Re. your point #1: The key word is “supernatural.” Process theism is, among other things, a strong argument (some process thinkers say “the final argument”) against supernaturalism. For example, David Ray Griffin sets out several regulative principles which must be adhered to in terms of both argumentation and theory development. One such principle is that a theory should be naturalistic and explicitly reject supernaturalism. In addition, one should assume an unbroken causal nexus. Given that the temporal structure of reality is contingent upon the causal relations between events (a relational view of time), it is impossible for there to be a break between the causal events as supernaturalism requires. Such a break would also violate relativity theory, and depending on which interpretation of quantum mechanics one subscribes to, causal breaks could also violate quantum theory. (Sorry, an unstated premise here is that A.N. Whitehead’s cosmological system is consistent with both relativity and quantum.) So, any argument against a supernatural god doesn’t address process theism. (In fact, some fantastic arguments against supernaturalism come from process theologians.) What Dawkins would have to do is argue specifically and directly against the process notion of divinity—not the classical notion. This would be an entirely different argument than I’ve seen from him, but I’ve only read articles here and there by him, and don’t know his thought in detail, so maybe he has done this already (?)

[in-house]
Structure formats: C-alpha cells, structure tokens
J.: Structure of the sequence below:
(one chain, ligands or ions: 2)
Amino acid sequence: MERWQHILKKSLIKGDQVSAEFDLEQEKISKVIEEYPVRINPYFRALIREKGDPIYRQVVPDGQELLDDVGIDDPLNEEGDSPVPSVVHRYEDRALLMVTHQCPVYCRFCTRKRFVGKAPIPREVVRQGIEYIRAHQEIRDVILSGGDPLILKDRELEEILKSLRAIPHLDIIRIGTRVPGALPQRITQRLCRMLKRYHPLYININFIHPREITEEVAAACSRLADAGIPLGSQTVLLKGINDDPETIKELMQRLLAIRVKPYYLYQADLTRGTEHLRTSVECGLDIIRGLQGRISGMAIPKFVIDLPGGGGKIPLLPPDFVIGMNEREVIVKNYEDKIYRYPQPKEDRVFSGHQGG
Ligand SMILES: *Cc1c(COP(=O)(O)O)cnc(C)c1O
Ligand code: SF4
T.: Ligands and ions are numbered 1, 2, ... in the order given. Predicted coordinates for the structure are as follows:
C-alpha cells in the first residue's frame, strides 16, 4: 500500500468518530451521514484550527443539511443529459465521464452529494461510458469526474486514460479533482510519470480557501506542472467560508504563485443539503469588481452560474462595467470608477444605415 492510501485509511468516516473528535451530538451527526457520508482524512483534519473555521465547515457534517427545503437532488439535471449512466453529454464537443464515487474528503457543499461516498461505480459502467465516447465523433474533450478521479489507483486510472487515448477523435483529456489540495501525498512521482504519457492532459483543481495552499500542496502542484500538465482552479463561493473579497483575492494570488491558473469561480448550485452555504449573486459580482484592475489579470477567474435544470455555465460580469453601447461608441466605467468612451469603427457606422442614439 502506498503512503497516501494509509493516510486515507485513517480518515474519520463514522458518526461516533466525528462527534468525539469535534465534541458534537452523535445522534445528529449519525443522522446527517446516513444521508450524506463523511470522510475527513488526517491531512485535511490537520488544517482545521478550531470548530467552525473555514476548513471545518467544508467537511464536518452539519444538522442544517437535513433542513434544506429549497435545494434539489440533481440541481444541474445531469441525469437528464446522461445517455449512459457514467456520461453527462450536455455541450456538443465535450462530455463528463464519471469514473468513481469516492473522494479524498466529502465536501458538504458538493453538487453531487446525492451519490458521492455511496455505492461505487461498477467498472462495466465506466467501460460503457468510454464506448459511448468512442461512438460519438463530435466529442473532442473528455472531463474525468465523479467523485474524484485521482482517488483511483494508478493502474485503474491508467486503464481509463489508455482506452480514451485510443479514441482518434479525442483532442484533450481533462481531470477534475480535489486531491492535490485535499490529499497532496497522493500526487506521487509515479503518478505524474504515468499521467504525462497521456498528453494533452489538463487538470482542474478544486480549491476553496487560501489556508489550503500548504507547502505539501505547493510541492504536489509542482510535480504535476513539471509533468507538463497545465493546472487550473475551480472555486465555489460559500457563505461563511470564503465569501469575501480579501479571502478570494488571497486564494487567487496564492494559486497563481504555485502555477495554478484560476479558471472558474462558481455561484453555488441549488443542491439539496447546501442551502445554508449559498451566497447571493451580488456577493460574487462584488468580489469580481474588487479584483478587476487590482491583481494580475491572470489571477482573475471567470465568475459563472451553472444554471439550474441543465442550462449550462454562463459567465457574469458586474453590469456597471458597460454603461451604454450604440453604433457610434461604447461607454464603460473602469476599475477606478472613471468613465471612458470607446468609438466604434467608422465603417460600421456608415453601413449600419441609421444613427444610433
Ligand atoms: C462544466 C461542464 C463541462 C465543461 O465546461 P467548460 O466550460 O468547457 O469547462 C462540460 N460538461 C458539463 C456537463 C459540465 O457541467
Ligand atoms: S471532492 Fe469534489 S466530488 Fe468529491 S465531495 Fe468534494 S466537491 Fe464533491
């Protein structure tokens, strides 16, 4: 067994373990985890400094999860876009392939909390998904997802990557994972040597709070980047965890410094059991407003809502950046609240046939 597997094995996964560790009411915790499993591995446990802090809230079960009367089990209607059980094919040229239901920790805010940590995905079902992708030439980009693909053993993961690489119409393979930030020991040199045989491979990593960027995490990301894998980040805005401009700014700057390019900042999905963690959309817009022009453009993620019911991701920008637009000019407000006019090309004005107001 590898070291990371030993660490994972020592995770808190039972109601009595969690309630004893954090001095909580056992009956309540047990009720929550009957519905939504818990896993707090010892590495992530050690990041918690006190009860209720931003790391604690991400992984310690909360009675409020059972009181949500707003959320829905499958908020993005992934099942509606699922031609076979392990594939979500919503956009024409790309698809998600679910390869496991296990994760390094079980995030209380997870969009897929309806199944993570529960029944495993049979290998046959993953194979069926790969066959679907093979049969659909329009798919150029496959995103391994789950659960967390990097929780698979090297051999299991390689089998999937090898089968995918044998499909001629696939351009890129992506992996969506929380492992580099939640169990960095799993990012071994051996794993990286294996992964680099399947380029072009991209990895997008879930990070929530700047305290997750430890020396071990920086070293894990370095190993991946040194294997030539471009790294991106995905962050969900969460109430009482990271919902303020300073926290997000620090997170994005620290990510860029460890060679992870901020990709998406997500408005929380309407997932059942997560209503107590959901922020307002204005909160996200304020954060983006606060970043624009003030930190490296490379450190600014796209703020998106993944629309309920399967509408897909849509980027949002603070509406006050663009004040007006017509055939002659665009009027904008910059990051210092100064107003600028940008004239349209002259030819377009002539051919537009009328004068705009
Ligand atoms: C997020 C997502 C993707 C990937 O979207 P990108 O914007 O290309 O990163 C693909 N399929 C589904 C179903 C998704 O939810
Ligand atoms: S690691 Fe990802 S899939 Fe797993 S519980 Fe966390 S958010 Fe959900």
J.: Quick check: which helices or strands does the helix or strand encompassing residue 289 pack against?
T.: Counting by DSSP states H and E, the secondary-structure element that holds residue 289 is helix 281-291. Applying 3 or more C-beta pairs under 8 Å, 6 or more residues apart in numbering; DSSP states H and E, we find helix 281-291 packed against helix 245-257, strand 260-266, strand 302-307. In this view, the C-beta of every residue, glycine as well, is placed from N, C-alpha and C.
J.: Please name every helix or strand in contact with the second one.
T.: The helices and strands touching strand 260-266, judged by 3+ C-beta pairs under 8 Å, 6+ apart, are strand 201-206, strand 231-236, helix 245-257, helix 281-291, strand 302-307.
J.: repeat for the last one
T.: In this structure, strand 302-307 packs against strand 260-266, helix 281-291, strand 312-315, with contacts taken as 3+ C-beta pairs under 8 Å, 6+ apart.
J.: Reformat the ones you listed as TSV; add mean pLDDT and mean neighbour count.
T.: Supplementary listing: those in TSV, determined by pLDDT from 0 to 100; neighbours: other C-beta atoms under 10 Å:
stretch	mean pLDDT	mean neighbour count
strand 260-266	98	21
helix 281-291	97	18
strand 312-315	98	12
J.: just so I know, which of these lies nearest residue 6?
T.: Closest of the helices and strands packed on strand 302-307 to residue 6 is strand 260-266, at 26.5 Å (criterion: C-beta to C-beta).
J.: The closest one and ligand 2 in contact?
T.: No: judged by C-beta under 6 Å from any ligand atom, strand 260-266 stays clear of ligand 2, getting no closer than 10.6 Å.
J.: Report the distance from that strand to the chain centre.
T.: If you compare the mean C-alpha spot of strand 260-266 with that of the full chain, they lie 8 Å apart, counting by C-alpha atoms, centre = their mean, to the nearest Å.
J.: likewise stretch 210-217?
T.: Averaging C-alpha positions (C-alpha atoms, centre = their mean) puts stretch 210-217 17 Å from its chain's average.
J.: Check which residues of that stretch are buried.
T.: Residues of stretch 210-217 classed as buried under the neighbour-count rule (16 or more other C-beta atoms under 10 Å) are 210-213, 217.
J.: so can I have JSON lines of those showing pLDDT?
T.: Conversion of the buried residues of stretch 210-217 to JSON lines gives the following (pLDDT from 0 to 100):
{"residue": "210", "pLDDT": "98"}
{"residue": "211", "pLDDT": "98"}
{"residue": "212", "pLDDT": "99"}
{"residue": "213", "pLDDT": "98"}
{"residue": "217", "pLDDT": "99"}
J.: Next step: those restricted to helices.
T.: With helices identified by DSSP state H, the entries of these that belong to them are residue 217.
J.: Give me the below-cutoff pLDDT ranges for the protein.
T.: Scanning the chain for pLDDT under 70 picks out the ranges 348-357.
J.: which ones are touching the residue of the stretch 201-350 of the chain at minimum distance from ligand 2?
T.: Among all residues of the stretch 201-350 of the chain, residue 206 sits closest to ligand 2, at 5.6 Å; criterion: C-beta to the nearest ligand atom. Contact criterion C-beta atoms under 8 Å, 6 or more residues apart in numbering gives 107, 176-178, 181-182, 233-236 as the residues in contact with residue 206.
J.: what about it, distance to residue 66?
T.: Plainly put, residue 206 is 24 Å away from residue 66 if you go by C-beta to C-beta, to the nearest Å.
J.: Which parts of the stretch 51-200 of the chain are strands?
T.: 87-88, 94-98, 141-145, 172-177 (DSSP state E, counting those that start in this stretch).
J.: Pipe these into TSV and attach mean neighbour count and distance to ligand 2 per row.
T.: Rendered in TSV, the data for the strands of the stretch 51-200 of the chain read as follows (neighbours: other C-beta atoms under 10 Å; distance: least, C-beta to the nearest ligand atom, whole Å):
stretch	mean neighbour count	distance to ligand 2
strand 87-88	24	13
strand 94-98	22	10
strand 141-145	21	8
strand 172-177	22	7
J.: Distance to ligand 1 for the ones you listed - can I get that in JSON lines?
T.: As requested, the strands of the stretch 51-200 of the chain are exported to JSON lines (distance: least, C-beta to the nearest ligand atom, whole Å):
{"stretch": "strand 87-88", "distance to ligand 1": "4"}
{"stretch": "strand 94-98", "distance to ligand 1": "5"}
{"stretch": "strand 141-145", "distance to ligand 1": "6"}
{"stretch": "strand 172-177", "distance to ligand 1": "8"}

Re. your point #2, yes, it’s a sad fact that people kill others unjustly in the name of religion. It’s terrible. Also keep in mind that people kill others unjustly in the name of democracy and many other ideas…it’s not religion or politics that cause these SICKOS to do what they do. (I’m in psychiatric mental health so I have some insight here…)